Through a new Multidisciplinary University Research Initiative (MURI) awarded by the Air Force Office of Scientific Research, researchers from Brown University will lead an effort to study new optical materials and their interactions with light quantum scale. The initiative, titled Quantum Metaphotonics and Quantum Metamaterials, will receive $4.5 million over three years, with a possible two-year extension.
"The field of metamaterials has already expanded the range of optical materials and phenomenon available at larger, classical scales," said Rashid Zia, Manning assistant professor of engineering and the lead investigator of the initiative. "What we're doing now is asking what happens when we bring these metamaterials down to the scale of quantum emitters."
Harnessing the power of light at the quantum scale could clear the way for super-fast optical microprocessors, high-capacity optical memory, securely encrypted communication, and untold other technologies. But before any of these potential applications sees the light of day, there are substantial obstacles to overcome. Not the least of which is the fact that the wavelength of light is larger than quantum-scale objects, limiting the range of possible light-matter interactions.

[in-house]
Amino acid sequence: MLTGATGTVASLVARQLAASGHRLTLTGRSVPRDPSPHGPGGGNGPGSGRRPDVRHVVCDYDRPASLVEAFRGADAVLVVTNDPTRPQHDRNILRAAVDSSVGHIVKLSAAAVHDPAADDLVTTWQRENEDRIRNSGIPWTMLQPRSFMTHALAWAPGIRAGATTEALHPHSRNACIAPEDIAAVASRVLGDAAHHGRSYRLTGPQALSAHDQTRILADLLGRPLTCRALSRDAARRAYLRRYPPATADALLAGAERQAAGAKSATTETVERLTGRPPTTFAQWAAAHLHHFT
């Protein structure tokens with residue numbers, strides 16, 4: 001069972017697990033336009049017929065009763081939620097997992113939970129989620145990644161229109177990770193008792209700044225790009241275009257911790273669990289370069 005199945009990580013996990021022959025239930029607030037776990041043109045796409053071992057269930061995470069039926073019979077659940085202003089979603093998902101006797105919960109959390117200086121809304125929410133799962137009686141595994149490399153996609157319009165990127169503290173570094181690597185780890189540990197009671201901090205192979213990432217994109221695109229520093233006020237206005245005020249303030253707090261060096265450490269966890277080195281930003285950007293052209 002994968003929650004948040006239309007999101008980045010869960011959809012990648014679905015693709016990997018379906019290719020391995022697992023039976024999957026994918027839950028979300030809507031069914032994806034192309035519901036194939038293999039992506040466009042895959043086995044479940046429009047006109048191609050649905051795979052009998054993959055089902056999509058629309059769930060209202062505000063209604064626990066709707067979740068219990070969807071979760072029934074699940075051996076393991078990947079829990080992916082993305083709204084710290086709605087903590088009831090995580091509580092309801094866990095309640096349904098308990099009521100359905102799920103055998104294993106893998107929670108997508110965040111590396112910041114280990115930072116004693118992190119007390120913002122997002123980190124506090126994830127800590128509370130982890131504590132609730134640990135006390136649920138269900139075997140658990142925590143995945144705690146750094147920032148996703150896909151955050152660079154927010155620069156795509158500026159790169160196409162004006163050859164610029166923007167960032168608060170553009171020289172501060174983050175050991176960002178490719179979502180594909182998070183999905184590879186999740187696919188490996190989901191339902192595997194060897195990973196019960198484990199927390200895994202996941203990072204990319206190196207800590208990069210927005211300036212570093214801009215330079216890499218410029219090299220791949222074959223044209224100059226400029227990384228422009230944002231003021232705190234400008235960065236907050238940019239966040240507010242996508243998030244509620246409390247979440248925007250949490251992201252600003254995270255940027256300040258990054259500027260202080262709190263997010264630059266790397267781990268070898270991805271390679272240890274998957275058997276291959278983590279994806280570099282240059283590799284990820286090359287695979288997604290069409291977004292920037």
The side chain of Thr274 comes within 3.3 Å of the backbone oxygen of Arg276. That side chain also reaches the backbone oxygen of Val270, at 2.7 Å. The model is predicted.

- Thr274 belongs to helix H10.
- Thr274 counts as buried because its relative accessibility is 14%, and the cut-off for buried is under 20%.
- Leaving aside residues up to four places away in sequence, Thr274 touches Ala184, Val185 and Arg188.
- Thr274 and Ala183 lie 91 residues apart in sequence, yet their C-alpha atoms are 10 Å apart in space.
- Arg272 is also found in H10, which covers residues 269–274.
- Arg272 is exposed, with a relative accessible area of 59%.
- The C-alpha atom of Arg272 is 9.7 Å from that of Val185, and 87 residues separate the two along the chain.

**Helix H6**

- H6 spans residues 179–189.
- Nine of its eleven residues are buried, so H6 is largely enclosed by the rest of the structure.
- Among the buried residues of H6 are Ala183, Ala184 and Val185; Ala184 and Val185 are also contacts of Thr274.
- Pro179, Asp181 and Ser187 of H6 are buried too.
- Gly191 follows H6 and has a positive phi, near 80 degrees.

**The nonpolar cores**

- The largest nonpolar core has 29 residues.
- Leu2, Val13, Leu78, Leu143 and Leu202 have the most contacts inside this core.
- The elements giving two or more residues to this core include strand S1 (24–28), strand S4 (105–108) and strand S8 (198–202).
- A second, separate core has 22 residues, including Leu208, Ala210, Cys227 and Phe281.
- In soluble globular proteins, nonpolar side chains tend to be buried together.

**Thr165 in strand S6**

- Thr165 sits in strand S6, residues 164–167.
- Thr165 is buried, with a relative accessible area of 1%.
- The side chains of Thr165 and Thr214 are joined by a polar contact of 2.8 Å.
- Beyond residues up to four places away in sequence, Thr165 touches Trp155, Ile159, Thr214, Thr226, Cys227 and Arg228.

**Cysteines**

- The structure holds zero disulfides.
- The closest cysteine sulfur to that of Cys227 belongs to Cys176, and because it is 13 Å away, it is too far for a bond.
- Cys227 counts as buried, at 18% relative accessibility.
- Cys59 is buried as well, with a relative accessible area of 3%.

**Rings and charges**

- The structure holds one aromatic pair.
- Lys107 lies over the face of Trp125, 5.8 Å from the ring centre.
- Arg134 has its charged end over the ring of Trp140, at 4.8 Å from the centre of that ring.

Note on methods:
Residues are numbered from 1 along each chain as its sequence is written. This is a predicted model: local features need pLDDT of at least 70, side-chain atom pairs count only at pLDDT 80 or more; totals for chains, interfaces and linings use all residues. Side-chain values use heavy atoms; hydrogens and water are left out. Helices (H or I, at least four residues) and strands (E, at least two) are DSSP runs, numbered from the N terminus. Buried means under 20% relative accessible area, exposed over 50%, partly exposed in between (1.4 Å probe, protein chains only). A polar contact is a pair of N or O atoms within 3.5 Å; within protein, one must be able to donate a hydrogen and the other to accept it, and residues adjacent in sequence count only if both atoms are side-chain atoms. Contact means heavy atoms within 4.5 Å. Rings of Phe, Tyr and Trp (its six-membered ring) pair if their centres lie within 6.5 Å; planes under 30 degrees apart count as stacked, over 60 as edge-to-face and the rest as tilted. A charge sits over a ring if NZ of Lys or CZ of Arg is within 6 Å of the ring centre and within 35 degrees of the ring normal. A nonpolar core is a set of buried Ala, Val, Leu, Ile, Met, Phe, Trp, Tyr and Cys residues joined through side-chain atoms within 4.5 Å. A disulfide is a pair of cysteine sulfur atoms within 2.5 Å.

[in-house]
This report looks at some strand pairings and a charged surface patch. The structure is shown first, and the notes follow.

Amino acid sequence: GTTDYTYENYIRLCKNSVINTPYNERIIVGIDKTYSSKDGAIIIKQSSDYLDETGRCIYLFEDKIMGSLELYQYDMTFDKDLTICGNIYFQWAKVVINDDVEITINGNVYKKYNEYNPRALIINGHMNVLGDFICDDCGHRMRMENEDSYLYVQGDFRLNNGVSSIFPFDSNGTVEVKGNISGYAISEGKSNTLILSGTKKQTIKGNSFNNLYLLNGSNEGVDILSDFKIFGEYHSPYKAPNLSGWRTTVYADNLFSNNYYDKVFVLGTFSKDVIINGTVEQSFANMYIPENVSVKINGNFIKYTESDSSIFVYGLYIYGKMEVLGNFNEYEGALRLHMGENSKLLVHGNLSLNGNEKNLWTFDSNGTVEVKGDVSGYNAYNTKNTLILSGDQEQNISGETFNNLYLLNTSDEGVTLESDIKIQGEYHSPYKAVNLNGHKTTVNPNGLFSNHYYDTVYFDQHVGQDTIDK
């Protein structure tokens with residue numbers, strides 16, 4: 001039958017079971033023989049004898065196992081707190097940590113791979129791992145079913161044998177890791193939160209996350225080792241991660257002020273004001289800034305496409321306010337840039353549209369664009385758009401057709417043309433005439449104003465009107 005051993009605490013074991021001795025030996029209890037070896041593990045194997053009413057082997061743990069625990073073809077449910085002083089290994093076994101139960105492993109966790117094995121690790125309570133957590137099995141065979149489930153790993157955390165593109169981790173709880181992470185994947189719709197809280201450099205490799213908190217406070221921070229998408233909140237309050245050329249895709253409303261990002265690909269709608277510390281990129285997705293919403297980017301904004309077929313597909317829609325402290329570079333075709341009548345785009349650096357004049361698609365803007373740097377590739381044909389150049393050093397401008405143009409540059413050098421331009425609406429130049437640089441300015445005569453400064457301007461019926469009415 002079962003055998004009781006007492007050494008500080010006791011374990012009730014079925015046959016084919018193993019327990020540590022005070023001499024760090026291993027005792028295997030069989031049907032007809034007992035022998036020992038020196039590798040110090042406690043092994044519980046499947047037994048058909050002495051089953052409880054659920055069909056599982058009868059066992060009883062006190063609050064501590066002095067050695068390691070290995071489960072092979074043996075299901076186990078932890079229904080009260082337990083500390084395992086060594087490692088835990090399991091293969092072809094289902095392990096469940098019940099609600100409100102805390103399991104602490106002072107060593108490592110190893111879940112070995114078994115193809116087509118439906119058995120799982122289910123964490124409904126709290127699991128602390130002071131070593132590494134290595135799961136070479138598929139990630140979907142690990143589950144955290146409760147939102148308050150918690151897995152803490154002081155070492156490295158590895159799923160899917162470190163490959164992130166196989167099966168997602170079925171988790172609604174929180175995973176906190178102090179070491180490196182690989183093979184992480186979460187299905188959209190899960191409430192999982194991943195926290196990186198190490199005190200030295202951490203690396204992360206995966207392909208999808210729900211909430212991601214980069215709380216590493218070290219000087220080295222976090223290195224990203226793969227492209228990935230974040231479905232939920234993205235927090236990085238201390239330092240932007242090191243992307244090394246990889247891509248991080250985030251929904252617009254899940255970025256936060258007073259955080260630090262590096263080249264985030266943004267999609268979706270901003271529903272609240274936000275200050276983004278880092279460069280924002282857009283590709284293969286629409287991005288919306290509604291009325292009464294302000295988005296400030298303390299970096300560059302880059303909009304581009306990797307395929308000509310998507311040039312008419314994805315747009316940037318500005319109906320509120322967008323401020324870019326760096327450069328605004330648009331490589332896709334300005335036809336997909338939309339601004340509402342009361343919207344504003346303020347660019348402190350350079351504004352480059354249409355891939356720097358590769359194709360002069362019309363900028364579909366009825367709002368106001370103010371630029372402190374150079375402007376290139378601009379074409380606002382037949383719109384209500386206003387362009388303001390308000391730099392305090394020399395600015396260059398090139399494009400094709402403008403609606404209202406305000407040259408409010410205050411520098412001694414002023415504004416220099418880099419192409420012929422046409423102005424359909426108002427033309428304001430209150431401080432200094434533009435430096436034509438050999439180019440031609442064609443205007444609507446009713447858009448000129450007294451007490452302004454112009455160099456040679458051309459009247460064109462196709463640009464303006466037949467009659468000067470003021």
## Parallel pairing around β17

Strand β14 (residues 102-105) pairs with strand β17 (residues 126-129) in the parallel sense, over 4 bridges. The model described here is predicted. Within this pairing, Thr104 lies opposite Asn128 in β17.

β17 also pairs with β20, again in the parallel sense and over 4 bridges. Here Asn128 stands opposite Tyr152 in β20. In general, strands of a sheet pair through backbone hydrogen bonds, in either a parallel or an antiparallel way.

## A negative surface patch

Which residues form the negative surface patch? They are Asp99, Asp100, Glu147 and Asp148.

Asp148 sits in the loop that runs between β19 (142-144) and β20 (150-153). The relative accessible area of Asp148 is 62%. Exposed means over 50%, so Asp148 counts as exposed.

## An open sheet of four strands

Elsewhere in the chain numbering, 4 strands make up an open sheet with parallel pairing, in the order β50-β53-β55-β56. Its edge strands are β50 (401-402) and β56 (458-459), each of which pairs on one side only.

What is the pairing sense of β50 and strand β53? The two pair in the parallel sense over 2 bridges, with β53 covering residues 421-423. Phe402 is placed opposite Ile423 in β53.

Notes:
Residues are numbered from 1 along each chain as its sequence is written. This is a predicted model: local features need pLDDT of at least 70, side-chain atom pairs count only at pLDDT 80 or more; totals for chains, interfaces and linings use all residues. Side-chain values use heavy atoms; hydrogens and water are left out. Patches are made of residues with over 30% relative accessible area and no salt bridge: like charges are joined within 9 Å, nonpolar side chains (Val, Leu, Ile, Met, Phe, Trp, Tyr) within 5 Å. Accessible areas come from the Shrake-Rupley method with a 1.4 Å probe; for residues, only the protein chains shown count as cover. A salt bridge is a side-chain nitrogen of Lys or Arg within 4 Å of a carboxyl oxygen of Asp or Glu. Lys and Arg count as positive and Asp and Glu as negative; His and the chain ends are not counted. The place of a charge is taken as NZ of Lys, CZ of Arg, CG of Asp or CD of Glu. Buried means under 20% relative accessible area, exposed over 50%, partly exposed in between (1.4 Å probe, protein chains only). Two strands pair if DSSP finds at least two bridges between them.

"The optical wavelength is approximately 100 times larger than a quantum emitter," Zia said. "So we need to find ways of overcoming this size mismatch to increase interactions at the quantum scale, for example by shrinking the optical wavelength in highly confined metamaterial cavities. And hopefully we can learn something fundamental about the nature of light that opens up news ways of manipulating it to increase these interactions."
The Quantum Metaphotonics and Metamaterials MURI team includes:
Harry Atwater, California Institute of Technology
Seth Bank, University of Texas at Austin
Mark Brongersma, Stanford University
Nader Engheta, University of Pennsylvania
Shanhui Fan, Stanford University
Nicholas Fang, Massachusetts Institute of Technology
Arto Nurmikko, Brown University
Jelena Vuckovic, Stanford University
Xiang Zhang, University of California, Berkeley
Rashid Zia, Brown University
"It's really an exciting project," Zia said. "Over the next five years, this program will bring together 10 groups and 40-plus researchers with complementary expertise to help answer questions that we couldn't have imagined a short time ago. We are very optimistic about where this will lead."